By Jim Schutze
By Rachel Watts
By Lauren Drewes Daniels
By Anna Merlan
By Lee Escobedo
By Eric Nicholson
The sports pages are filled with war metaphors on a daily basis: Quarterbacks throw bombs to receivers, general managers and head coaches congregate in the war room on draft day, a running back explodes through the backfield, a playing field becomes a battleground, and on and on. (And God knows how many head coaches have a copy of The Art of War somewhere on their bookshelf, next to a Patton biography and last year's media guide.) Sometimes, even a president will evoke sports lingo in time of war--say, something about how it's better to be on offense than defense. So, in the interest of taking this too far, Full Frontal has gone all out by comparing the ways Iraqi president Saddam Hussein is like Texas Rangers general manager John Hart.
Before you get all huffy and insist we're being too hard on Saddam...no, wait, John Hart, keep in mind this is all being done as part of the Full Frontal Gulf War II Keep the Peace-Bring the Noise Initiative, which allows us non-embedded journalists to do our part to at least feel like we're contributing to war coverage without actually going to places in harm's way. We have nothing against Mr. Hart; he's no doubt a fine human being. Hell, we were planning on doing a list of Things That Make Us Useless, but we didn't have the room. It's just John Hart's turn. We'll apologize when the Rangers win the World Series.
Saddam Hussein: allegedly possesses weapons of mass destruction
John Hart: assembled a starting pitching lineup capable of self-destruction
Saddam Hussein: hasn't been seen live on TV in weeks
John Hart: will avoid TV reporters for weeks at a time
Saddam Hussein: regime will likely fall by the end of April
John Hart: Rangers will be out of contention by the end of April
Saddam Hussein: threatens Kuwait
John Hart: says, "You wait till next year."
Saddam Hussein: is being bombed by George W. Bush
John Hart: before he arrived, George W. Bush bombed as owner of Texas Rangers
Saddam Hussein: rules Iraq with an iron fist
John Hart: released Pudge Rodriguez, possessor of many Gold Gloves
Saddam Hussein: lives in a bunker
John Hart: team lives in the cellar
Saddam Hussein: wears big eyeglasses
John Hart: rarely seen without big sunglasses
Saddam Hussein:funding from Syria running dry
John Hart: funding from Tom Hicks running dry
Saddam Hussein: foolishly believes he will defeat West
John Hart: foolishly believes his team will defeat AL West -- Robert WilonskyCheckup
Another month gone. Another calendar page flipped. Another review of the Mavs' interior play. Ugh.
A few months back, when the season was relatively fresh, Mavs owner Mark Cuban did his best to defend the defenseless: Shawn Bradley and Raef LaFrentz. He crafted a long, expletive-laced e-mail detailing how sound those two are. Of course, he was wrong--they suck. That's why we update you in this space every month--to show you how wrong Cuban was. Wrong, we say again. Can we emphasize that enough? We think not.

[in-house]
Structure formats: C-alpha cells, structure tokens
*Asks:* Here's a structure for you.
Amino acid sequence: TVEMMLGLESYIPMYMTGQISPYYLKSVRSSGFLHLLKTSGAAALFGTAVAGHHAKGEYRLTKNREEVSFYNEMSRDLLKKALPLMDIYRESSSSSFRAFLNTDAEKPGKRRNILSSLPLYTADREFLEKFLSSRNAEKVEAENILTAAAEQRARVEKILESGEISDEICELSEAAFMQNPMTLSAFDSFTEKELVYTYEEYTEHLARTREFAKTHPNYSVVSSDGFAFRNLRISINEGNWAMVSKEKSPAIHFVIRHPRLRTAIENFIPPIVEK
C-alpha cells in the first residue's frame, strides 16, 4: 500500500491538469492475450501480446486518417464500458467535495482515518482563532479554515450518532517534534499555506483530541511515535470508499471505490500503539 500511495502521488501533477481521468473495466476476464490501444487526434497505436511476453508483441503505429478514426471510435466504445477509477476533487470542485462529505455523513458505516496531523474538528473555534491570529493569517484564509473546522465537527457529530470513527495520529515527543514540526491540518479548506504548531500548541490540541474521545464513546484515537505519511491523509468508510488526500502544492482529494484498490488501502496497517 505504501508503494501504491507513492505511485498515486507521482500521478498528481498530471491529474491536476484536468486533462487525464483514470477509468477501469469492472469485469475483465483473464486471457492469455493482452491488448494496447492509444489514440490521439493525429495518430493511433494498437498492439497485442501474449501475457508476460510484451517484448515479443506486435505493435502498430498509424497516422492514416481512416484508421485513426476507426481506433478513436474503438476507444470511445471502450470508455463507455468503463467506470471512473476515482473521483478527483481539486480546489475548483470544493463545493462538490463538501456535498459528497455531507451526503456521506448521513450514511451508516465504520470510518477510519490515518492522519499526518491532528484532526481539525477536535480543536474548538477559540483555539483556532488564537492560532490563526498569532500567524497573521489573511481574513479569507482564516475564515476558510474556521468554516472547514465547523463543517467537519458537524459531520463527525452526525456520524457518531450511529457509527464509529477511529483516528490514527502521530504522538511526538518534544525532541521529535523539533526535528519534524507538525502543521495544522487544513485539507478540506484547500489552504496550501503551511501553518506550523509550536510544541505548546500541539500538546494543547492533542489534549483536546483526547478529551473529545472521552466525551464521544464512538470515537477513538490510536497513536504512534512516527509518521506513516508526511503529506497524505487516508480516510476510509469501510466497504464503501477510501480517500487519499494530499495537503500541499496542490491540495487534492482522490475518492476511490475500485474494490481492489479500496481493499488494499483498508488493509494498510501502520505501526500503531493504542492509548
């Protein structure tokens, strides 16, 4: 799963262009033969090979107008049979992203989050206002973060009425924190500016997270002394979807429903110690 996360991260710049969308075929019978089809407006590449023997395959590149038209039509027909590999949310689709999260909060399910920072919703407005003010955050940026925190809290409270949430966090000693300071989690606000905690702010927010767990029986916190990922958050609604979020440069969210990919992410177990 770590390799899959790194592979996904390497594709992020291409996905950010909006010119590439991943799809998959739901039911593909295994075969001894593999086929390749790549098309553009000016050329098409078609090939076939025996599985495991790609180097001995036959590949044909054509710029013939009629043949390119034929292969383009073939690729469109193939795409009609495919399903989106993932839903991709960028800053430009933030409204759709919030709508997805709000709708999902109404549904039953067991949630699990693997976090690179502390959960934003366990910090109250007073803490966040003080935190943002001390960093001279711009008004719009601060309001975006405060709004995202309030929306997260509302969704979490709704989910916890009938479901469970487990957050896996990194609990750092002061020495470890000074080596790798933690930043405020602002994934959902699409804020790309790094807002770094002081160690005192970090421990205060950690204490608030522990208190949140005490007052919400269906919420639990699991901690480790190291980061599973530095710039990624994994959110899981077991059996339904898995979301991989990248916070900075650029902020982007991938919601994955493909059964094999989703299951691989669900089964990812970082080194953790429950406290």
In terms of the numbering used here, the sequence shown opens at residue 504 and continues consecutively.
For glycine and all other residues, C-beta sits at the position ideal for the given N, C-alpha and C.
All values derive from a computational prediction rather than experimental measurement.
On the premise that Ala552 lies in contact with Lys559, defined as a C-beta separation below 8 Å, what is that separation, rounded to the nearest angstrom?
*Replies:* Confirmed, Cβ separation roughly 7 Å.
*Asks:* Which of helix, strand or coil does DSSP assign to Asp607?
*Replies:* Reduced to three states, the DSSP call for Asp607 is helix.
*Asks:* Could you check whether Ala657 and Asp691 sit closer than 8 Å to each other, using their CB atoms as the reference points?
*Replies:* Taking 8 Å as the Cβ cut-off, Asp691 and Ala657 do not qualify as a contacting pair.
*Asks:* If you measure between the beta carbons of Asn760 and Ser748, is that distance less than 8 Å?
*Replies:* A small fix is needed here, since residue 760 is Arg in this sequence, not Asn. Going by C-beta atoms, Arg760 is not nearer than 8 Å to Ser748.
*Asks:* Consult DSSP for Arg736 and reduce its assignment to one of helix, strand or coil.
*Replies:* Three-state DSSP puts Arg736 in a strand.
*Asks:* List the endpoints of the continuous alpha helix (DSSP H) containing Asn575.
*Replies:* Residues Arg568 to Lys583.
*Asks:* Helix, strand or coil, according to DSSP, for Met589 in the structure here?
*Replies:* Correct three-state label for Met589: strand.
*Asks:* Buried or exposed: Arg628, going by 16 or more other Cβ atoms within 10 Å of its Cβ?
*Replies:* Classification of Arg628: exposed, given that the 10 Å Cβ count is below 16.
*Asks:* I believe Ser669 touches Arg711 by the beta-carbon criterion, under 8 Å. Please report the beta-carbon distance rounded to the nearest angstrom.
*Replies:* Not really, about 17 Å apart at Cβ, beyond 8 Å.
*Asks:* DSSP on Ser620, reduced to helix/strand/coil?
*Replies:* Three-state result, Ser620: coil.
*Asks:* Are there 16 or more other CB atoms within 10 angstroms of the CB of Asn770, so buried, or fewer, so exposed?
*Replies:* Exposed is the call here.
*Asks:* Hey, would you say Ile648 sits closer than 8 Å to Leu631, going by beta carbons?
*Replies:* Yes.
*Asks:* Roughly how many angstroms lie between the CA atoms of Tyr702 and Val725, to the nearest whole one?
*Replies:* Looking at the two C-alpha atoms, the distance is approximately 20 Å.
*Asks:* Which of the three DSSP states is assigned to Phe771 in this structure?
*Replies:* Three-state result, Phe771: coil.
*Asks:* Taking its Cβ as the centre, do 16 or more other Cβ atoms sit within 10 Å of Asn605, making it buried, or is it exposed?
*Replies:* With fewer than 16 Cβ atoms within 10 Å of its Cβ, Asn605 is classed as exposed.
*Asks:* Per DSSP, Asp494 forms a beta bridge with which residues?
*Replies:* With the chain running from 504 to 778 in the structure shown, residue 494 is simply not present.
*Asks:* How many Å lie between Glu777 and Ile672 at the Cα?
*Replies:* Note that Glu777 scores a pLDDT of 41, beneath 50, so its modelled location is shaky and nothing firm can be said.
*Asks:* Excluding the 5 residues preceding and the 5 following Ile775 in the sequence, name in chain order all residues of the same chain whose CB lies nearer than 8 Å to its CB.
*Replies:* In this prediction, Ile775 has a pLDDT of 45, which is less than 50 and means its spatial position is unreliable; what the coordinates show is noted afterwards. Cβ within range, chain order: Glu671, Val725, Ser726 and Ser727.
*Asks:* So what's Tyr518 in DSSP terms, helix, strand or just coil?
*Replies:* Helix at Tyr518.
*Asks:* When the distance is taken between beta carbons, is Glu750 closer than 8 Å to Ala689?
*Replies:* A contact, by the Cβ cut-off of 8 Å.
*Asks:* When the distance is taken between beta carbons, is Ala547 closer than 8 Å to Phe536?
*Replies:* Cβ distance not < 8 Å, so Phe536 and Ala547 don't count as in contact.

Here, then, is another installment. It's probably the last, too, because the season is nearly over. And you know what? We at the Observer are thankful for that, if only because that means we won't have to revisit past horrors any longer. Going back to pore over the Bradley/LaFrentz stats can be hazardous. If this were a government job, they'd get us one of those expensive bio-chem suits. But it isn't, so they don't. Yup, we're cheating death here.
Here, then, are the players' stats for the month of March:
Shawn Bradley (five years left on seven-year, $30.5 mil contract)
Minutes per game: 18.1
FG percentage: 60.3
Free throws: 23 of 28 (82.1 percent)
Rebounds per game: 4.5
Blocks per game: 1.2
Points per game: 7.0
Raef LaFrentz (six years left on seven-year, $69 mil contract)
Minutes per game: 20.9
FG percentage: 48
Free throws: 14 of 18 (77.8 percent)
Rebounds per game: 3.7
Blocks per game: 1.0
Points per game: 8.1
Well, better in some areas, worse in others, but certainly far from pretty.
Marcia L. Jones, Ph.D., wanted to know what the hell was going on with her body. She researched and figured as long as she was investing the time, she might as well write a book about it. Enter the Dummies folks. They agreed that menopause was a topic worthy of one of their reference manuals, so with the help of practicing physician Theresa Eichenwald, Jones put pen to paper. The two created Menopause for Dummies and a breath of fresh air for women taken to visiting the bookstore for how-to's and help-me's.
Upon my first flip of the pages, I see that the age of 30 can welcome pre-menopausal symptoms. I quickly do the math and realize that my late-twenties form had best get prepared. So yeah, I read the book, but come on; I have to find out the good stuff, the tricks and the tips that I didn't catch when Mom kept asking me to crank up the AC.
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